Eleven days from now Semiramide returns to the Met (not without controversy) for the first time in 25 years. To mark that revival as well as the 250th anniversary of Rossini’s death, “Trove Thursday” presents the most complete performance of the opera to take place since the 1820s: an all-American star-studded gala produced at Carnegie Hall by Matthew Epstein in 1983 with June Anderson, Marilyn Horne, Samuel Ramey and Douglas Ahlstedt with Henry Lewis conducting. 

Semiramide was the second of Rossini series that Epstein curated that season; the first, La Donna del Lago with Frederica von Stade, Horne, Rockwell Blake and Dano Raffanti, was offered on “Trove Thursday” several years ago.

Anyone who might have already heard this Semiramide should take another listen as this recording presents it in the finest sound quality I’ve heard. It helpfully begins with the announcement (surely a surprise to very few) that Montserrat Caballé would not be appearing that evening in the title role.

I was told was that everyone else had been rehearsing for at least a week for the performance on a Monday evening but Caballê didn’t show up until the Friday before and then promptly pulled out the next day. Lewis was also a substitute, having taken over for Jesús López-Cobos, who had withdrawn about a week earlier.

Although Anderson was more than six years away from her Met debut, she had had major successes at New York City Opera and elsewhere and her days of covering were behind her. But she had just sung Semiramide in Rome opposite Lucia Valentini-Terrani and knew—given Caballés track record—there was probably a better than good chance she’d be showing off her Babylonian queen to Carnegie audiences.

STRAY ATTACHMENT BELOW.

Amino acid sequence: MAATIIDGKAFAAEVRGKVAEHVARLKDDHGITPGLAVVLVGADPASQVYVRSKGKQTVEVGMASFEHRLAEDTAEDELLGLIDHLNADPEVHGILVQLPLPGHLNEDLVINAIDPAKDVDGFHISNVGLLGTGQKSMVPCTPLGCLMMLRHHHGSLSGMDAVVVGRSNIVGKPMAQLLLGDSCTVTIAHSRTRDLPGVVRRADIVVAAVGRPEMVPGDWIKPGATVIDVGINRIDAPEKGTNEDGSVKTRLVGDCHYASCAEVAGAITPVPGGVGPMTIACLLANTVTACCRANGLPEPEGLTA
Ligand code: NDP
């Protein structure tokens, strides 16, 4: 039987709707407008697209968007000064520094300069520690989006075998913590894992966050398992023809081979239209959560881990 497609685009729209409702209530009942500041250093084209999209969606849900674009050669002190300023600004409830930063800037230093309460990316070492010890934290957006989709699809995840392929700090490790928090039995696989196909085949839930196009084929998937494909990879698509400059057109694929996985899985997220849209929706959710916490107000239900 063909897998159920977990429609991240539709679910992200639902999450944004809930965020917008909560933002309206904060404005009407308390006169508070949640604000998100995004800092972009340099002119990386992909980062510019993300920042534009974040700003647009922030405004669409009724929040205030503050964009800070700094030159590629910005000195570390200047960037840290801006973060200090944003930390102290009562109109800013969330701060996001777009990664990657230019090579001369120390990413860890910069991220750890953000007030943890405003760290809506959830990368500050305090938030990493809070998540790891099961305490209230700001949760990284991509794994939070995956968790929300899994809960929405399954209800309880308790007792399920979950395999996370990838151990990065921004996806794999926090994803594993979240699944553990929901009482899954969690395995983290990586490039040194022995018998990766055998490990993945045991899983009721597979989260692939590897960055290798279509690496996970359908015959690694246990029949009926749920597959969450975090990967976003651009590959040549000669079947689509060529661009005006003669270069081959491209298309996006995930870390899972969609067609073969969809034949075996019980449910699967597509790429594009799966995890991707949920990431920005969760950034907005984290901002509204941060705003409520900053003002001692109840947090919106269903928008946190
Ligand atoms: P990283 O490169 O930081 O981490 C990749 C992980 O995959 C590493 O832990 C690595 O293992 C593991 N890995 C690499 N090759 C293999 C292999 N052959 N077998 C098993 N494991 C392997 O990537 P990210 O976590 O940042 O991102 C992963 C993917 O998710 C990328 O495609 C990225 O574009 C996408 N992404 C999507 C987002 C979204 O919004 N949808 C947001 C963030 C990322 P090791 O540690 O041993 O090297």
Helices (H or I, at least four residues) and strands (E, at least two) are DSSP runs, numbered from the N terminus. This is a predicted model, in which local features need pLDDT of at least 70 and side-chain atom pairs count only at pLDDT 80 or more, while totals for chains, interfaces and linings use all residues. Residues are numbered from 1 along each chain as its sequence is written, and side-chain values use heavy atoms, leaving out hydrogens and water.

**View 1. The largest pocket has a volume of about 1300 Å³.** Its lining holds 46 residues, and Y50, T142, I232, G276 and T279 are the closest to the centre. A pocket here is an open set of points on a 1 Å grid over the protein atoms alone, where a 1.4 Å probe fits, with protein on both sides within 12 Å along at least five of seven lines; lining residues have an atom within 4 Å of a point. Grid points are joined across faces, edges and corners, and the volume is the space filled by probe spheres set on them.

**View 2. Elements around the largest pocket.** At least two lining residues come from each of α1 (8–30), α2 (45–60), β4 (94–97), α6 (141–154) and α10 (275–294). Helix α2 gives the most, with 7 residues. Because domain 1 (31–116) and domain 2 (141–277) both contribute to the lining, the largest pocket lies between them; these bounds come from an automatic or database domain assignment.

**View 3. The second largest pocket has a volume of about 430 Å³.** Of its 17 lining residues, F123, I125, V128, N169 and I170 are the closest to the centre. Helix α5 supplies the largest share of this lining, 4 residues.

It proved to be a grand local success in a role she would assume nearly eight years later (again with Horne and Ramey) at the Met and which would be televised and released on home video in the production about to be revived.

If like me you “learned” the opera on the great if truncated London recording Horne made with Joan Sutherland and Richard Bonynge, you were used to the male performers sounding like distant also-rans compared to those two great ladies. But Ramey (this performance was a year before his Met debut in Rinaldo) and a new generation of Rossini tenors changed all that.

Among the important features of this performance which runs nearly four hours was the inclusion of both of Idreno’s arias and the restoration of some of Assur’s music including a cabaletta which no one had heard since the 18th century.

A bit of trivia: each of the three Horne-Rossini operas in the Carnegie series lost its originally announced European leading lady who was then replaced by an American. Agnes Baltsa was succeeded by von Stade in Lago; then Anderson for Caballé and for the final opera Lella Cuberli took over from Ileana Cotrubas as Amenaide in Tancredi.

Rossini: Semiramide

Carnegie Hall
10 January 1983
In-house recording

Semiramide: June Anderson
Arsace: Marilyn Horne
Azema: Stephanie Friede
Assur: Samuel Ramey
Idreno: Douglas Ahlstedt
Oroe: Eric Halfvarson
Mitrane: Walter MacNeil
L’ombra di Nino: Edward Crafts

American Symphony Orchestra
Orpheon Chorale

Conductor: Henry Lewis

Semiramide can be downloaded by clicking on the icon of a square with an arrow pointing downward on its audio player and the resulting mp3 file will appear in your download directory.

Several more great Rossini works will appear on “Trove Thursday” during the remainder of 2018. In addition to the Semiramide and Donna del Lago, these performances also remain available for listening or downloading.

L’Italiana in Algeri with Teresa Berganza from the Teatro Colón, Buenos Aires 1970, Torvaldo e Dorliska with Cuberli, Valentini-Terrani, Pietro Bottazzo, Siegmund Nimsgern and Enzo Dara conducted by Alberto Zedda, and La Cenerentola with Claudio Abbado leading a champagne La Scala cast headed by Valentini-Terrani, Luigi Alva, Dara and Paolo Montarsolo.

“Trove Thursday” podcasts since the series began in September 2015 remain available from iTunes for free, or via any RSS reader.